The reality of entrepreneurship is that in order to have this lifestyle, you have to ensure that you have the proper physical, mental and financial health in place.
If you were to believe the headlines about entrepreneurship, you’d think it was the sexiest job around. A job of passion and wealth. Pick something you love, find a venture capitalist, sell before you’re 30 and live the good life.
If only it were that easy. The reality of entrepreneurship is that in order to have this lifestyle, you have to ensure that you have the physical, mental and financial health -- and be invested in the long game.
When you ask an entrepreneur what a typical day looks like, one theme emerges: She is always working. There is no happy hour at 4 p.m. on a Friday afternoon, because she doesn’t "clock out" that early. At 4 p.m. on Friday, her day may only be getting started. Most likely, she's working into the evening and preparing to work over the weekend. Personal relationships can be strained if the non-entrepreneur in the relationship needs a lot of time from the entrepreneur. If friends and family aren't understanding of the limits on an entrepreneur's time, they likely won't be in that relationship for very long.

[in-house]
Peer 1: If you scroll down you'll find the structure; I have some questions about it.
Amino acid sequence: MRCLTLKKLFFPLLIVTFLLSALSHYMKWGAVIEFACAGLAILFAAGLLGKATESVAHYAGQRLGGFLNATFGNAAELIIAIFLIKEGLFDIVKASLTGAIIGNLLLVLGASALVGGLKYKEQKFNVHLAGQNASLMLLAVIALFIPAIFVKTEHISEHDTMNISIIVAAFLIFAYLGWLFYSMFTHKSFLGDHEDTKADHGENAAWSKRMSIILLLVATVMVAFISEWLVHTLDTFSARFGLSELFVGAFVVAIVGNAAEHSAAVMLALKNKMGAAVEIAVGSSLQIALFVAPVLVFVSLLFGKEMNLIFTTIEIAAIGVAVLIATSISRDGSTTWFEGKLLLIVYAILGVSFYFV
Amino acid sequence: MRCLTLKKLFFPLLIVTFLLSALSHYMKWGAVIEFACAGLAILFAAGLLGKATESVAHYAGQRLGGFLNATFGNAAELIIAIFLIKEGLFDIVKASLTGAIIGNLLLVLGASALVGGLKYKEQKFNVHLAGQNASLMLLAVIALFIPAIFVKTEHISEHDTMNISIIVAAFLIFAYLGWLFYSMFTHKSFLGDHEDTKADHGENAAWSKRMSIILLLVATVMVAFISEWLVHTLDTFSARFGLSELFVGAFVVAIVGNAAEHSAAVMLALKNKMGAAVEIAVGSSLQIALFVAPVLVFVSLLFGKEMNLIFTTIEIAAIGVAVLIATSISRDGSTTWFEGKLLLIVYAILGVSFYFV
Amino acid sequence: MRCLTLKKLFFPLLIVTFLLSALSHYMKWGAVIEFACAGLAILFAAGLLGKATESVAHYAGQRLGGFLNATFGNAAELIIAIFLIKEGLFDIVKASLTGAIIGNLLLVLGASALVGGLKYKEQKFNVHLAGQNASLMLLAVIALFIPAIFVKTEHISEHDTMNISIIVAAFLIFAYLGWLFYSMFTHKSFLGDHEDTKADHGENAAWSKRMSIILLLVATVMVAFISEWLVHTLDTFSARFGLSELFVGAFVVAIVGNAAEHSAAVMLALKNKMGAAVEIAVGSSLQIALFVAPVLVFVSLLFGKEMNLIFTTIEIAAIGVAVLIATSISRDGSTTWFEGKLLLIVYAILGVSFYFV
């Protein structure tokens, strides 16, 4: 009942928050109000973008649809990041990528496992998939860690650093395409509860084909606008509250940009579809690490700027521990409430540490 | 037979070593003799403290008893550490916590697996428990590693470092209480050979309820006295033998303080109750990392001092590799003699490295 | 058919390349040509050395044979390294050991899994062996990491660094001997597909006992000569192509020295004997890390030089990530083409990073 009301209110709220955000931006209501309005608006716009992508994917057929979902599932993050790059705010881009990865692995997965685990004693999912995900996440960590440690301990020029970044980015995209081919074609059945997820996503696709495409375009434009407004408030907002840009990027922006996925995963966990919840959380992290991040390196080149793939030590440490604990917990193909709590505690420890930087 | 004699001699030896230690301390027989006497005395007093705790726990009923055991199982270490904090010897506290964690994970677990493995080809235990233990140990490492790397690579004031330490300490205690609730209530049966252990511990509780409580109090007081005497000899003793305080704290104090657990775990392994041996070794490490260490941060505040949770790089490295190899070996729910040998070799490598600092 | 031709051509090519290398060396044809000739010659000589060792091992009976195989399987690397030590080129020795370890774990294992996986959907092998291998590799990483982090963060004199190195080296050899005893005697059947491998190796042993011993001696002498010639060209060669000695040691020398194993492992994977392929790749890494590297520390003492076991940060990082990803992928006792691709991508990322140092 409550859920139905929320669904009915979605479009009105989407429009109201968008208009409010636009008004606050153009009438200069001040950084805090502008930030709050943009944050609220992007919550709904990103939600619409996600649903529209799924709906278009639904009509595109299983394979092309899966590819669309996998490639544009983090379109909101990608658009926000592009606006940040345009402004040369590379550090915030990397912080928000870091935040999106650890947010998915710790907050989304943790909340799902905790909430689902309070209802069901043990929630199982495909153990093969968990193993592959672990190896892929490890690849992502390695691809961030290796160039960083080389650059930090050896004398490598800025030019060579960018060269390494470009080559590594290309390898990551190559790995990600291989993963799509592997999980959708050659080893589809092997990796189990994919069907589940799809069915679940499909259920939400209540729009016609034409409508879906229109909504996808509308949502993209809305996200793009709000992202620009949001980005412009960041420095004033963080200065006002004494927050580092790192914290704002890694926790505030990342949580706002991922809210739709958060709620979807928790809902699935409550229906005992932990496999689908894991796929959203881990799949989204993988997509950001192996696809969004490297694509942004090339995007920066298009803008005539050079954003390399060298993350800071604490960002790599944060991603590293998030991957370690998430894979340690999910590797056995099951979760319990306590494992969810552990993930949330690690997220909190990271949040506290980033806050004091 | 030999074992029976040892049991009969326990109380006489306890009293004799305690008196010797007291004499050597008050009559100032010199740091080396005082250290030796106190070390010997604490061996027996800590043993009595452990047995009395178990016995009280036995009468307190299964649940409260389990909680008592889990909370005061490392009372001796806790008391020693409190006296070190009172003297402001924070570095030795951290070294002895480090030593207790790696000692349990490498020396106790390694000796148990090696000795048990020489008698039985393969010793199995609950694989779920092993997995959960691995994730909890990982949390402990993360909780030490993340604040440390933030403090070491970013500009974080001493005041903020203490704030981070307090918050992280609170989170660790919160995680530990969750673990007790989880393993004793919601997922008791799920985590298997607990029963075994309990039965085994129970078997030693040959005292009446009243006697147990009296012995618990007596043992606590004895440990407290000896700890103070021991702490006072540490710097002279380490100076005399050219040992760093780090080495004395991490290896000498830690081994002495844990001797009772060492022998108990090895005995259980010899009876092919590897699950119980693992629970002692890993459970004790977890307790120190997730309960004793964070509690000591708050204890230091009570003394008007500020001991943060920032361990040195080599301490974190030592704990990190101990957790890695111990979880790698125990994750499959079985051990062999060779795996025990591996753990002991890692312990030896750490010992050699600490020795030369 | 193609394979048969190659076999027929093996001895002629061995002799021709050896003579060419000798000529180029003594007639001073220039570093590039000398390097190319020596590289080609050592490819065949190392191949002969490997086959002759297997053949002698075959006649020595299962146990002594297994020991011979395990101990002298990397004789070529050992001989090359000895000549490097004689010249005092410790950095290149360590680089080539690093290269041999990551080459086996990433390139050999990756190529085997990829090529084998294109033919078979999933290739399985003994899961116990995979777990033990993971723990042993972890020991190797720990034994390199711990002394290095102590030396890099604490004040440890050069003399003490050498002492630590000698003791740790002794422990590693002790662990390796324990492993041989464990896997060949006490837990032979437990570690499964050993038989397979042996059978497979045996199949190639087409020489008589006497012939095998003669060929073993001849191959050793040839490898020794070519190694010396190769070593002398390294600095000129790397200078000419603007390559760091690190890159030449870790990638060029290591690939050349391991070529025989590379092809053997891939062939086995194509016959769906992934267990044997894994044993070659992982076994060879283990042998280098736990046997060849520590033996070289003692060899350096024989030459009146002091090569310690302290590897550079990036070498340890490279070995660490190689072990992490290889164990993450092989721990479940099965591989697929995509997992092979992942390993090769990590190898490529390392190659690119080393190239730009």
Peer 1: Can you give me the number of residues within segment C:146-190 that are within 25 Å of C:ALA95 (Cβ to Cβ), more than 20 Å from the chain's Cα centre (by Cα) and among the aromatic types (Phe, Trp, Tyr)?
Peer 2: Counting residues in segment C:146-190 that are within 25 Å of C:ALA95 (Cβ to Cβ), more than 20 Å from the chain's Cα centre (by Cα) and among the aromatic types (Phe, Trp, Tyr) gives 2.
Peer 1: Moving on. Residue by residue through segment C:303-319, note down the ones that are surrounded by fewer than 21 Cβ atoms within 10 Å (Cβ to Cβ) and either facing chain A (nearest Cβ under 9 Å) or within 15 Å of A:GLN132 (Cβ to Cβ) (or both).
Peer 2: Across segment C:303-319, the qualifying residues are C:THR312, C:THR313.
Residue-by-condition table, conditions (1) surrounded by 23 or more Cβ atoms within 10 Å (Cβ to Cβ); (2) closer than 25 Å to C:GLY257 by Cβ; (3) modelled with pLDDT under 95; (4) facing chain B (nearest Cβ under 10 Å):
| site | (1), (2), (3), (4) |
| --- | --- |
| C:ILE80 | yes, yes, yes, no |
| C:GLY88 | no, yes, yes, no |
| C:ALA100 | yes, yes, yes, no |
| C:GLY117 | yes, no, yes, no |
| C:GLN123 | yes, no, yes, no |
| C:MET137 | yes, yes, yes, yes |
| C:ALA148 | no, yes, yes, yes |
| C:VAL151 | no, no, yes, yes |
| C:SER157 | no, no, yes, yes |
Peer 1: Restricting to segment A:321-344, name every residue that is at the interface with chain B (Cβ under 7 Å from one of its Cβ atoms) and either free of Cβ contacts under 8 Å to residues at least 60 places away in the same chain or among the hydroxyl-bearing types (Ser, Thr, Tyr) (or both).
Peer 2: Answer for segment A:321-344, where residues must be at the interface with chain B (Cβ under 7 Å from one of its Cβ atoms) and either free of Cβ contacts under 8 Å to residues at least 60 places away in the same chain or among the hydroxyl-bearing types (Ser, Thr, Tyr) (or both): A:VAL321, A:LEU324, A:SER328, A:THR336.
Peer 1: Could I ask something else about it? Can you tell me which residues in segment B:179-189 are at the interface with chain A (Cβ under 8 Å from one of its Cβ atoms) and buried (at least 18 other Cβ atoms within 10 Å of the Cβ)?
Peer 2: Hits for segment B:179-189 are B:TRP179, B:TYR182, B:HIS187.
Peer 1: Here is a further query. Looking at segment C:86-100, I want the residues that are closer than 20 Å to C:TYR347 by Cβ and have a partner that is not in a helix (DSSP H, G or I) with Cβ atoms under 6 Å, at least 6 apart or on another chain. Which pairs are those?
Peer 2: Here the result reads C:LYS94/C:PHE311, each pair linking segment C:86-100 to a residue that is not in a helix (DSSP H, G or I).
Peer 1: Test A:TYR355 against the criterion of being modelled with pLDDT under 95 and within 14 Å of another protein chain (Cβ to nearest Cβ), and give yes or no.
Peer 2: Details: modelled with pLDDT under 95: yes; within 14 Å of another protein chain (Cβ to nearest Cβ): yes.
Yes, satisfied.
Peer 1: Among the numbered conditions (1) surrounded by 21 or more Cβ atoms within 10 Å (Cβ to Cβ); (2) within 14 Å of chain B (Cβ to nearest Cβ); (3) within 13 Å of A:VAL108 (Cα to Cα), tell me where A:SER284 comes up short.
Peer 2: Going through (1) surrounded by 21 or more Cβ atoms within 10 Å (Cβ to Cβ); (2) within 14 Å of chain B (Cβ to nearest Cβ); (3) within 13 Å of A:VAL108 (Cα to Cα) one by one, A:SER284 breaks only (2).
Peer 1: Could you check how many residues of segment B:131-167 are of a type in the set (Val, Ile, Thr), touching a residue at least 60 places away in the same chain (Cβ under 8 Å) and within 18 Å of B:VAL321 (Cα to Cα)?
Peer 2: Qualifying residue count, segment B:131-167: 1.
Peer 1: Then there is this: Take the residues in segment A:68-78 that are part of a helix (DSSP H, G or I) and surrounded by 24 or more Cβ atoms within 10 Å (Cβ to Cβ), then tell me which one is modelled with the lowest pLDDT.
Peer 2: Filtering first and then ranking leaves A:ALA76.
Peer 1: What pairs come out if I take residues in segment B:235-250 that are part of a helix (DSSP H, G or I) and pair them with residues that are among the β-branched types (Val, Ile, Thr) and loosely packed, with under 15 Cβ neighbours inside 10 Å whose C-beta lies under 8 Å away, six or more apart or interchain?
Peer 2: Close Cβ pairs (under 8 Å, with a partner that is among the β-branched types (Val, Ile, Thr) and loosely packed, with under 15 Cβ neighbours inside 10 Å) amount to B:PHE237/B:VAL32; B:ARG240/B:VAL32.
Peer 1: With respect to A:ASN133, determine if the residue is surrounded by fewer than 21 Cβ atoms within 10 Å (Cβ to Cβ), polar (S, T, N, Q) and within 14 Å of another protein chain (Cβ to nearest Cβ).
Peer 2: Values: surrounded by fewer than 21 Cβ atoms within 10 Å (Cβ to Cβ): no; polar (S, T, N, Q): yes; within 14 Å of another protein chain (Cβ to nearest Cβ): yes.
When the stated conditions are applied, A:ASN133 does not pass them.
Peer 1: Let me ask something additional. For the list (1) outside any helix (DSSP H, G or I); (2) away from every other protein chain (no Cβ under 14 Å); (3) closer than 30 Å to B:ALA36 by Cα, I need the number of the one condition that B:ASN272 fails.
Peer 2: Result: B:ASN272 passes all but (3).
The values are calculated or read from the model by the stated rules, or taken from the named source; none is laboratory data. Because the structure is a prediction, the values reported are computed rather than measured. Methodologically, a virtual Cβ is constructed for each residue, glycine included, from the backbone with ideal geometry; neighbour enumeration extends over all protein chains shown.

I spoke with four entrepreneurs about the idea of balance and the realities of leading successful businesses. All of them have found what works for them to maintain health, so they can lead effectively and attain financial success. Each woman had a personal-balance strategy or ideal in place which is what makes them successful. All of them work a lot -- but it’s part of the lifestyle they each want to live. Read more: click image or title.
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Via Alldens Lane, Deb Bailey